Cocktails in the City say: cucumber makes a beautiful infusion and would work well with most gins. An exotic cocktail, very cleansing and refreshing, this would wow your guests.
Image: Jiro Dreams of Sushi courtesy of Doctor's Orders
Werewolf of London
40ml Langleys no.8 gin
10ml Luxardo maraschino
10ml Wolfschmidt kummel
15ml juniper & black pepper shrub*
25ml fresh lemon juice
15ml sugar syrup
*juniper and black pepper shrub – muddle in a pestle & mortar 25 crushed fresh juniper berries, 25 crushed black peppercorns and 20 caraway seeds. Add crushed mixture into 900ml of a warm stock shrub. leave for 2 days to infuse. then the shrub will be ready to use.
Garnish: Pink grapefruit expressed oils, pink grapefruit werewolf cut out on mini peg, maraschino cherry, silver sugar tongs
Method: Shake all ingredients in a shaker with ice. double strain mixture into a Schott Zwiesel Basic Bar Cocktail Glass, express grapefruit peel oils over the glass and then rim the glass with the peel. clip cut out pink grapefruit werewolf onto the rim of the glass and drop the maraschino cherry into the bottom of the drink. add silver sugar tongs to the glass.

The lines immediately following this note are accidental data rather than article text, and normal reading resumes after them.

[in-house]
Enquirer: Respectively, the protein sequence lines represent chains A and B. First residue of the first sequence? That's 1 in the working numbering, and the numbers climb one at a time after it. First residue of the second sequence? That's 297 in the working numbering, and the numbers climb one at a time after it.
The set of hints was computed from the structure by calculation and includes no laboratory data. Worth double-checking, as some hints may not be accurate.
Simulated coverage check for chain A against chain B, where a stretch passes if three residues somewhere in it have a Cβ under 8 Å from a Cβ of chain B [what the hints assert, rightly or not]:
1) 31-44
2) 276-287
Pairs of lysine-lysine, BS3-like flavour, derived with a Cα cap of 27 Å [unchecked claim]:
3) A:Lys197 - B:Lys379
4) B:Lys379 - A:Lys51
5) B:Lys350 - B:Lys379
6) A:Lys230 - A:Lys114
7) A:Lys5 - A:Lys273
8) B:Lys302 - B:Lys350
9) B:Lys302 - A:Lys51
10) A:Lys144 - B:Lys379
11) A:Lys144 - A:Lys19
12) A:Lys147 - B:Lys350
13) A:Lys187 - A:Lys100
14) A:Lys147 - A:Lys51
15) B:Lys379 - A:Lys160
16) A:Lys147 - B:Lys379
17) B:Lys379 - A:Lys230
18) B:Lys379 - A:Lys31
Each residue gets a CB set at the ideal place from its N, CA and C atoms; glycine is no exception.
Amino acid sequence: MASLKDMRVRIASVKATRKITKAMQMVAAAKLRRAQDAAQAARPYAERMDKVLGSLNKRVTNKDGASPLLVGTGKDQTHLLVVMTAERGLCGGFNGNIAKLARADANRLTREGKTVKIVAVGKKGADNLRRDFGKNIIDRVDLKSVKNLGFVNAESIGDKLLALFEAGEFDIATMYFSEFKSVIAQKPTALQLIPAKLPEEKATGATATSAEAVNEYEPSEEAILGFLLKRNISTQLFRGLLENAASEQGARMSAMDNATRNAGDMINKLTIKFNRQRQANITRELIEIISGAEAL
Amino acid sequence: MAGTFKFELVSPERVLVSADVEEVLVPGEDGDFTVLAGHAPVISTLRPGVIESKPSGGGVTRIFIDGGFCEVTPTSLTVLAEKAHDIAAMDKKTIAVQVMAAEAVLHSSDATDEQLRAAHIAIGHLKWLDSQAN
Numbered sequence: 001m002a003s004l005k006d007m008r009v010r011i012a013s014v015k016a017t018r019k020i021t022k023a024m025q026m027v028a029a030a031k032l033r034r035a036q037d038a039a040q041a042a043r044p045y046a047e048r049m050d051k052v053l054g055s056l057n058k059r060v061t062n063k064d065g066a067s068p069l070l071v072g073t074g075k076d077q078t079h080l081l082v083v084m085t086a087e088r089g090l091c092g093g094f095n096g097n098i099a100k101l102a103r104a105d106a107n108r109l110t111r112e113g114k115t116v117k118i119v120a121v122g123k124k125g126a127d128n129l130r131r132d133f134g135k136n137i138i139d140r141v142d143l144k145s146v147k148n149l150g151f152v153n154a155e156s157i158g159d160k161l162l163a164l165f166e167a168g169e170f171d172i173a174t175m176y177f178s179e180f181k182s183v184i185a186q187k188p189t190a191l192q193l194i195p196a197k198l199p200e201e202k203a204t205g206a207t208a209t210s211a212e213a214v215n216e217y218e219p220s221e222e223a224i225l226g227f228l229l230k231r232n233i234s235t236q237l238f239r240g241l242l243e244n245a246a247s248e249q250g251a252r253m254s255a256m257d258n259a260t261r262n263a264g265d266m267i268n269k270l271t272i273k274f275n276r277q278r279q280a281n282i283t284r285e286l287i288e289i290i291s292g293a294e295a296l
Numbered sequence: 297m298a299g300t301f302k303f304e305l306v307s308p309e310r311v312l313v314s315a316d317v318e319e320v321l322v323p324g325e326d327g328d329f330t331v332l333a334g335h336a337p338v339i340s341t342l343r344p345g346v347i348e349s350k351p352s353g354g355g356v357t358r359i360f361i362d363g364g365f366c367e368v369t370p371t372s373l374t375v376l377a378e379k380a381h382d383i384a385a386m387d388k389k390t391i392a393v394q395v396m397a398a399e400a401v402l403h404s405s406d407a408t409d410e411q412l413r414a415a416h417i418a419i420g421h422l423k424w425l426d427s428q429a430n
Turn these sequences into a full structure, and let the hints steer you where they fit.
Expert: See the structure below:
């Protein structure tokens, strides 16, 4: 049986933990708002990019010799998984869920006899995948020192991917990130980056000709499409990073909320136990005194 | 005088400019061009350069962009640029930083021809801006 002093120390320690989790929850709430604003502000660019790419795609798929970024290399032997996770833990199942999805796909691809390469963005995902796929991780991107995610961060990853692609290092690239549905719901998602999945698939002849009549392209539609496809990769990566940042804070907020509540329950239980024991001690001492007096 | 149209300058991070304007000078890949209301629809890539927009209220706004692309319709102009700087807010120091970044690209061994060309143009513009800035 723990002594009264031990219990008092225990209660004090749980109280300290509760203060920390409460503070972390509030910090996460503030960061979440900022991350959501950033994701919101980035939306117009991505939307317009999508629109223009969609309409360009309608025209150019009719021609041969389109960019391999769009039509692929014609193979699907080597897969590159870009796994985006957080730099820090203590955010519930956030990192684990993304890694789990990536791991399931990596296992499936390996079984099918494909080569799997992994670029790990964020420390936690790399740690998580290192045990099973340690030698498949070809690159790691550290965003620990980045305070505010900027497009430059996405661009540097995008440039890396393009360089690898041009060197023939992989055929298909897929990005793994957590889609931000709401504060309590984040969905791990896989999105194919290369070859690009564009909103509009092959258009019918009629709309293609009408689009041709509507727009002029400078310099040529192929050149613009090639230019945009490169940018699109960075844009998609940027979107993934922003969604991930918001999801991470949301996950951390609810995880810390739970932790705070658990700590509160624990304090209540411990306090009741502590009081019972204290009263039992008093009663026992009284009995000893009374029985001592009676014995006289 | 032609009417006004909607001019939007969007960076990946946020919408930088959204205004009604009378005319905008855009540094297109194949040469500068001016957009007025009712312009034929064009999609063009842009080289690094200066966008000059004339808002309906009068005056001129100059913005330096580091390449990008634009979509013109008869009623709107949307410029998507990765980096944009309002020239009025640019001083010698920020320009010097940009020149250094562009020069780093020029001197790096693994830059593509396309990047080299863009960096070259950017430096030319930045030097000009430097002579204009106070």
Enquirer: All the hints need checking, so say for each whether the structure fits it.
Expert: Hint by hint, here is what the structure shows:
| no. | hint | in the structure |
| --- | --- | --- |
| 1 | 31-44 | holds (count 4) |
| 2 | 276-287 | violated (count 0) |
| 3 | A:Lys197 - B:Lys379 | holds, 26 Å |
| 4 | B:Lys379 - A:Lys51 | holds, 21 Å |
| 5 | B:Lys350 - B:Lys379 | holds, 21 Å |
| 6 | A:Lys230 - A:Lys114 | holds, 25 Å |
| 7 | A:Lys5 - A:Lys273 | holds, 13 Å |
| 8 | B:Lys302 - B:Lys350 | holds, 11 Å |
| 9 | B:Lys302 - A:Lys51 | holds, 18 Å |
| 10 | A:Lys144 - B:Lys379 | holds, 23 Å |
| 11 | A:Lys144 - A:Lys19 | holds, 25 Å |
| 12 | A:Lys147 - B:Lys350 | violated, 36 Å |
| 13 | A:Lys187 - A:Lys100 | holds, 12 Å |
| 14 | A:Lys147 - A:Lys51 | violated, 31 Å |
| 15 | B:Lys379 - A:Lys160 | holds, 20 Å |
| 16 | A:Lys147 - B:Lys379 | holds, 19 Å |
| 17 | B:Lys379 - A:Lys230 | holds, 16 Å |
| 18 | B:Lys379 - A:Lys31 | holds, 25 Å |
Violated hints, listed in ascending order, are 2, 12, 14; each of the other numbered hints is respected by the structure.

Cocktails in the City say: Kummel is beautifully spiced liqueur with caraway, cumin and aniseed and this drink has a wonderful medicinal flavour to it to restore and revive.
Image: Werewolf of London courtesy of Doctor's Orders
Add the cheapest ingredients first in case you make a mistake, add the alcohol last!
When making a gin and tonic you should have enough ice in the glass so it isn't floating, fill the glass to the top. A lack of ice will increase the rate of dilution and means you will also probably be adding too much tonic water relative to the gin.
Before shaking the drink it's worth having a quick taste of the mix to see if the balance works for you. It is easier to add more sugar to sweeten a drink if required than adding more citrus so go easy on the sugar to begin with.
Good equipment that you will be happy you invested in include:
FURTHER NOTES ON THE SHRUB
First appearing in the English Dictionary in 1747 The Shrub is described as "any of various acidulated beverages, made from the juice of fruit, sugar, and other ingredients, often alcohol".
Whilst there are a number of different references to the Shrub depending on whether it be an alcoholic drink or not and whether you are residing in the UK or the United States you would probably expect the drink to contain a mix of sugar, vinegar and fruit.
A great way to reduce waste and preserve ingredients, the use of vinegar also provides an interesting acidic note to the drink and it is this sharpness and character that has seen the rise in the drink over recent times.
A further article on the subject of the Shrub has been written on Difford's Guide courtesy of Tim Oakley and Alistair Reynolds.